Pain is not a Natural Kind

Edelstein Colloquium 2016-2017

7.6.2017, At the Edelstein Center 19:00

Jennifer Corns, University of Glasgow

Pain is not a natural kind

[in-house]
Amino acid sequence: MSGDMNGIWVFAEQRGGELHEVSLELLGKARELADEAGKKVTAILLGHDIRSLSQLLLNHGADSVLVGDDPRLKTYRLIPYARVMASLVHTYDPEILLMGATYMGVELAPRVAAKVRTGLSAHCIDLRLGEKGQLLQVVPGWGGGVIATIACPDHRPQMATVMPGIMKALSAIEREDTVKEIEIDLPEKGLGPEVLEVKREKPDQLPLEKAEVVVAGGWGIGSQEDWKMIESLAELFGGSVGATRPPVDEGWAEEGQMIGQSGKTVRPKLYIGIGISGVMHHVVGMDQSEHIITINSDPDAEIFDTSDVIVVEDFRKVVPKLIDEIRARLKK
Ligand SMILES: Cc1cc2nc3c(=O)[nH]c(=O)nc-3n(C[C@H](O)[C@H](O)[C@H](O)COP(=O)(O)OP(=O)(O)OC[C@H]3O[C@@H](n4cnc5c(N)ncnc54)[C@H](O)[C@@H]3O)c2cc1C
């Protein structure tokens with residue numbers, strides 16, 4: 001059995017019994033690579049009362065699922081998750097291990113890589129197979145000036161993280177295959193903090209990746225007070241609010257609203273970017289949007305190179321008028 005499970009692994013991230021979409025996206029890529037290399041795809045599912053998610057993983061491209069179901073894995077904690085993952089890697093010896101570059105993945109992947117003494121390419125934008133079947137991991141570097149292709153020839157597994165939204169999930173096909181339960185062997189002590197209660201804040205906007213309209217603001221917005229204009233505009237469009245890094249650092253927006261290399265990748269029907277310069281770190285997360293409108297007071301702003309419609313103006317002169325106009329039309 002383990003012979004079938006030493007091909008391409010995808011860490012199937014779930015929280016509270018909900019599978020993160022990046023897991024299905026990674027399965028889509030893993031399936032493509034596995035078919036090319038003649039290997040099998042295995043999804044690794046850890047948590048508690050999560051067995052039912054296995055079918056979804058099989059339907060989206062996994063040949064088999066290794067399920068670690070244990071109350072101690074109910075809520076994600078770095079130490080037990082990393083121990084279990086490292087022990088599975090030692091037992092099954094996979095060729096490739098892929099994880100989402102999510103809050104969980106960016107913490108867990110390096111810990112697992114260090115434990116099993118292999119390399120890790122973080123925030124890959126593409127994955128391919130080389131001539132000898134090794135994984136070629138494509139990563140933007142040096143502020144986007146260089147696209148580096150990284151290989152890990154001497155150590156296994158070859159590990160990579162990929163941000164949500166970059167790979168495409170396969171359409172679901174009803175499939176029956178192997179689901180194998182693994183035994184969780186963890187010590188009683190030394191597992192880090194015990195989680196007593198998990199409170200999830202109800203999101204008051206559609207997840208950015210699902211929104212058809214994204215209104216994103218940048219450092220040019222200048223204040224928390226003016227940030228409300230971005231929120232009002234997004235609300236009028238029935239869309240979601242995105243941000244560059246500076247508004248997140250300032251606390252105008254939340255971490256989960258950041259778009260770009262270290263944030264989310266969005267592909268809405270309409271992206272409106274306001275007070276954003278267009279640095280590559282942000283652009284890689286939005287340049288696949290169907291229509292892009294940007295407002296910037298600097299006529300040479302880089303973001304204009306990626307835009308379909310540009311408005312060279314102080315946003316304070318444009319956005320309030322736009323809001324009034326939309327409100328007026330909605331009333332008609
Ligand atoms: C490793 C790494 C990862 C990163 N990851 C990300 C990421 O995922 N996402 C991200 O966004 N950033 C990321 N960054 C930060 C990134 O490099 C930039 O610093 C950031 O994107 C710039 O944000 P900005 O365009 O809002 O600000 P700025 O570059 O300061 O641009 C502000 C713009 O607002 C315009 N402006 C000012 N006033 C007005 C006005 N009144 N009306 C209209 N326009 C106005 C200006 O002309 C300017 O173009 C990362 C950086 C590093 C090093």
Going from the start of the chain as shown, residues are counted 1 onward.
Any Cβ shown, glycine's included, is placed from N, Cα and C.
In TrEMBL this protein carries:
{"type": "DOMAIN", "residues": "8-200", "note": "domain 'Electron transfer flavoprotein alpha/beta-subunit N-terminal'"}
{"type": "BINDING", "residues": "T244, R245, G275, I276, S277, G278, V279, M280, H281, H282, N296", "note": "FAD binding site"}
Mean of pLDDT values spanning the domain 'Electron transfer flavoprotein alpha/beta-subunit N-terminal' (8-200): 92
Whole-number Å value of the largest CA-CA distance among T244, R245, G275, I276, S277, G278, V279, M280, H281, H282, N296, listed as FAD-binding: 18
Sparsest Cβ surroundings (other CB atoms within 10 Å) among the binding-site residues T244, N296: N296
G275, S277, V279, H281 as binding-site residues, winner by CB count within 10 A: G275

In this talk, I argue that neither pain nor any purported type of pain is a natural kind. Natural kinds are taken to be those kinds usefully referred to for explanation and prediction in scientific generalizations. Philosophers and scientists alike often appear to implicitly assume that pain is a natural kind in virtue of their explicit assumption that there is a pain mechanism, or pain system. Through attending to pain science, I first argue that each token pain is instead explained by the idiosyncratic convergence of multiple mechanisms. While one might initially suspect that the identified heterogeneity is negligible for the explanatory or predictive utility of at least some scientific generalizations, I further argue that this is not the case. The idiosyncratic mechanistically heterogeneous explanations of each token pain are such that generalizations about either pain as such or purported pain types are rendered inadequate for scientific purposes. In particular, they are inadequate for treatment. I close by noting implications of the non-natural kind thesis both for leading philosophical theories of pain and for clinical practice.